Welcome to Anfield!  Sorry about the mess… hope it’s not a problem…

It’s only been two months but we noticed you’re already getting a bit snippy with the press. Perhaps your optimism has been dampened by the malaise of your players… and the fans… and the members of the board who don’t own team.

To be fair, Woy, it’s not been a good week for you. In seven days, you’ve lost to hated rivals Manchester United, and then to much-feared Northampton Town.  To top it off — on LFC’s first Saturday game of the season — the Reds put in such a lacklustre performance against Sunderland that the Kop went into a venti lather, extra-whipped, extra-foamy.

It hasn’t been a great start to the entire season either. Facing Arsenal, Manchester City and Manchester United in the first five Prem games can give any manager a bit of the “frownies”.  One has to wonder if bad results at the start of the season might send the team into a downward cycle of depression and self-loathing — just as Chelsea’s ridiculously easy start may have gone to their heads.  Perhaps you could have Kenny Daglish step in to give the boys a bit of a pep talk, eh?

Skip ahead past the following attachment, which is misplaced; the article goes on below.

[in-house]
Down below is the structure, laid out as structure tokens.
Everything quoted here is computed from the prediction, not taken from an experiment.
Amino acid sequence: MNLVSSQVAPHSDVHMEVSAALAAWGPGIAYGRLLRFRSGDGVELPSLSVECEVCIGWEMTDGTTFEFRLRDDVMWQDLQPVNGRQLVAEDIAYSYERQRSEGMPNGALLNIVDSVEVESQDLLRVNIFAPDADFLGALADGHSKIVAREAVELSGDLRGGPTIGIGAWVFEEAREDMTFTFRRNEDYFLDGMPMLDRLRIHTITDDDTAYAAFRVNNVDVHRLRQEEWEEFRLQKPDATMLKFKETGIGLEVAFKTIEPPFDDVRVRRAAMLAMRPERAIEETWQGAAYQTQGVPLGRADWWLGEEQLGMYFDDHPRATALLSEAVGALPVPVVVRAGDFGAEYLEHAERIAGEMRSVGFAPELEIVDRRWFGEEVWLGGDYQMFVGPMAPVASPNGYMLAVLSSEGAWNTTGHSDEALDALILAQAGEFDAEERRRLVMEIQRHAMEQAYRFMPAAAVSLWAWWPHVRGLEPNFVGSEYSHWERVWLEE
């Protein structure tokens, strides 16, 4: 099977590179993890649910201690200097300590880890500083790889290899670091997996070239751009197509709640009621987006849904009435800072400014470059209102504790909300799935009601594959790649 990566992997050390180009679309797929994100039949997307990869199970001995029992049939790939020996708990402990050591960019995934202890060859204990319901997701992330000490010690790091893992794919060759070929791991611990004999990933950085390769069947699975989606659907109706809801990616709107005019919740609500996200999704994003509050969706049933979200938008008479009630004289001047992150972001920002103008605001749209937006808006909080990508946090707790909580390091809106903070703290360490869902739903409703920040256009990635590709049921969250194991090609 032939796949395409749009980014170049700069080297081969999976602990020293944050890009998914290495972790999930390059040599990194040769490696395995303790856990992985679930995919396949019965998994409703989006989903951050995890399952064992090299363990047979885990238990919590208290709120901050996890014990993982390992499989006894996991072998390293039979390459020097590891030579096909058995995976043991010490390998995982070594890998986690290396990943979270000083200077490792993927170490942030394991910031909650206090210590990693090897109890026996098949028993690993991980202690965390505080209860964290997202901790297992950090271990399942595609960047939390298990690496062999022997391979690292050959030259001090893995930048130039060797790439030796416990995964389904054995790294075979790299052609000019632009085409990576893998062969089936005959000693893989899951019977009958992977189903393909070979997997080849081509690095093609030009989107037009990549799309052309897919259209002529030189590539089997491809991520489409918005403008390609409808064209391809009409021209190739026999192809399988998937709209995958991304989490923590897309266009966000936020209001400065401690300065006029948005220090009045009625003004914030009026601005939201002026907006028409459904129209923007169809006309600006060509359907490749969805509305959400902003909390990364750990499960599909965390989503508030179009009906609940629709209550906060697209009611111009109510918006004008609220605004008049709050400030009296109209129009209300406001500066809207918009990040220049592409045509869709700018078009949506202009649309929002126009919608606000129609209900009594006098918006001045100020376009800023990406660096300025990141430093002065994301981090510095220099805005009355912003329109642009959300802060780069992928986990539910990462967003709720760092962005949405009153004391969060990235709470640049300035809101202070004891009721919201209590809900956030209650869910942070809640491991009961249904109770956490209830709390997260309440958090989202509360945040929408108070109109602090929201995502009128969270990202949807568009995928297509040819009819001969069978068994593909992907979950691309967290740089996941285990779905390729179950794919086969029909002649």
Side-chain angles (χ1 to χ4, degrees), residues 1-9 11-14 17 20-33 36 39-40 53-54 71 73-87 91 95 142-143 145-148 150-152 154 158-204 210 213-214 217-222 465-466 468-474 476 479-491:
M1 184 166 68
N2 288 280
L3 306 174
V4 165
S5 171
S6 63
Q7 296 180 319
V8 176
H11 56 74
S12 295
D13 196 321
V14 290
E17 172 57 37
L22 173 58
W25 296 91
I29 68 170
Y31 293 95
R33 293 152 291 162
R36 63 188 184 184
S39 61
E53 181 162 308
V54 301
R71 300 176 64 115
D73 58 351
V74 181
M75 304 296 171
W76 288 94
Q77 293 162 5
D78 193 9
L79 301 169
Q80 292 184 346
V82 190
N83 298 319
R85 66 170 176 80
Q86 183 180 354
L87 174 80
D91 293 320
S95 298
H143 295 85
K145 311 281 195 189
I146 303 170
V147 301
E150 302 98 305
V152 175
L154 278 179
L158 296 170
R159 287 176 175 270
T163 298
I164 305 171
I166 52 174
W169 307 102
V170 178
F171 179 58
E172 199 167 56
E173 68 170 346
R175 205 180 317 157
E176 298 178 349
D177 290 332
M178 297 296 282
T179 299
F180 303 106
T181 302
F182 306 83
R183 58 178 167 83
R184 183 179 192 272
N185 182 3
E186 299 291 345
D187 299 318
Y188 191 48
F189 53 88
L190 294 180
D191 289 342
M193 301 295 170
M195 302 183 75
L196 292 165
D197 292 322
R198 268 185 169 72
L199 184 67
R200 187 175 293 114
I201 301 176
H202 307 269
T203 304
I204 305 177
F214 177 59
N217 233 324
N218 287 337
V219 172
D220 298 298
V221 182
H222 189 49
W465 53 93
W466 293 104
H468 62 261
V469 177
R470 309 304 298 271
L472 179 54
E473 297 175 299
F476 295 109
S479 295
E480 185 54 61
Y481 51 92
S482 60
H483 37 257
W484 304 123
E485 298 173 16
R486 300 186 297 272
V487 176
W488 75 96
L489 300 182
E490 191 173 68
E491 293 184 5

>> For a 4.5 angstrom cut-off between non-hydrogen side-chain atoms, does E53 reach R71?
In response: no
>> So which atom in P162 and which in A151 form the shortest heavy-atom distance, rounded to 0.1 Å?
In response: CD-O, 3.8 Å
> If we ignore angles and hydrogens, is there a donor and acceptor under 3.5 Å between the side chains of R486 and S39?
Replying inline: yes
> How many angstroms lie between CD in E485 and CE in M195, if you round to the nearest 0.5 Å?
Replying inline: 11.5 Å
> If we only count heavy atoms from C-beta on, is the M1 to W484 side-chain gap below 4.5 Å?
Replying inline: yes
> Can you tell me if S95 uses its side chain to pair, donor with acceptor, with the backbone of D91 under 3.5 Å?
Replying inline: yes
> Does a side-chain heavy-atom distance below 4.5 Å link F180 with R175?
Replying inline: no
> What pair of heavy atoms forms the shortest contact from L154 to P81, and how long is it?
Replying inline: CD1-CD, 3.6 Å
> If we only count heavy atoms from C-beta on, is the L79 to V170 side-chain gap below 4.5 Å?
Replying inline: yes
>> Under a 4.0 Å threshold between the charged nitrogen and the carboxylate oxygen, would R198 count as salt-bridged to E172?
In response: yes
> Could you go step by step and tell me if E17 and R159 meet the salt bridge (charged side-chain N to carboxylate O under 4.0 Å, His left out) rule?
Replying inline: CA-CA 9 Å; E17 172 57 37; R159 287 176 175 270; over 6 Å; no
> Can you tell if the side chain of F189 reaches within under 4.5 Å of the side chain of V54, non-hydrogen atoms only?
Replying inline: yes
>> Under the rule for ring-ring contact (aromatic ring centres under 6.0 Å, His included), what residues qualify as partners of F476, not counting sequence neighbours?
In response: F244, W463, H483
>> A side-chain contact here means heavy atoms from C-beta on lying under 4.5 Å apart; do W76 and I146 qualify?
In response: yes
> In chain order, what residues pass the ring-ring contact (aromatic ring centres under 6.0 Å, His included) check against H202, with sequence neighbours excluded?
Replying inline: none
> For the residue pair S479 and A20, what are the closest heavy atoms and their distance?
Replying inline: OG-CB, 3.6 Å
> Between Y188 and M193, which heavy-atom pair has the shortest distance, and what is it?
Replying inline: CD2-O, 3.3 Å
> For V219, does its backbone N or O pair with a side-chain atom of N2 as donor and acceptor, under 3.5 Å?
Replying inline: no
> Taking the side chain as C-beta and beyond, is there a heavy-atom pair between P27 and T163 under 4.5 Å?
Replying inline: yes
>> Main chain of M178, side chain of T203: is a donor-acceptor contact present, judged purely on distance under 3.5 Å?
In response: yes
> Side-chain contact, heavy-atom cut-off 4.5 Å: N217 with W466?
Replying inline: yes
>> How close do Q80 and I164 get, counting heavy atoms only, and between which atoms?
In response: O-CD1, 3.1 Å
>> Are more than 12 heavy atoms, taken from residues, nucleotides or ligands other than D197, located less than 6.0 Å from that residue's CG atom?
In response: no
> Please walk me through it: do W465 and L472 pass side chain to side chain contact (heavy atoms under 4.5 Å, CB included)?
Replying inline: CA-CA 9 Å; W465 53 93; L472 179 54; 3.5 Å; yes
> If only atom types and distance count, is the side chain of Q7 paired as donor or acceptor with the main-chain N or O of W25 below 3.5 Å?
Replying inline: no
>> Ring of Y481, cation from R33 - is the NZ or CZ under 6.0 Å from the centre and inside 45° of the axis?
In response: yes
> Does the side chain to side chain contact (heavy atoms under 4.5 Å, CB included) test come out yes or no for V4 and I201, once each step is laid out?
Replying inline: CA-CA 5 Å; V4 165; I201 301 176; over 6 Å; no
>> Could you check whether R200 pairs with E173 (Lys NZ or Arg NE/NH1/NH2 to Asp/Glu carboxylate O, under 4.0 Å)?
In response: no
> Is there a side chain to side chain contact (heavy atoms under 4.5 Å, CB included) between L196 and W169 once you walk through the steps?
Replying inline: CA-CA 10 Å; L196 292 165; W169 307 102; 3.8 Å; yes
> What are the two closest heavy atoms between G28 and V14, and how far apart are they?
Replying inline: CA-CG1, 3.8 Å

You’ve also said you’re a bit concerned about the ownership situation.  Maybe you’ve realized that no one’s even come close to  Tom Hicks’ minimum bid for the team on eBay.  Or you could be miffed that he recently tried to pawn the players, stadium and team assets off just to pay the rent… because he’ll earn it back. You just have to trust him.

Conversely, you may be worried that Hicks and Gillet won’t make their debt deadline… meaning the Royal Bank of Scotland would own the team. Are you worried that the league would consider that a financial no-no and deducts points? Or are you worried that the club would be run by actual Scottish people? Hey, there’s King Kenny again, waving from his office… and he’s waiting for your call!

We can see how you’d be upset about losing points to administration. Let’s see: 6 minus 9… carry the “1”… a bit of a steep hill, no? If you listen closely, you can hear Wigan and West Ham fans laughing…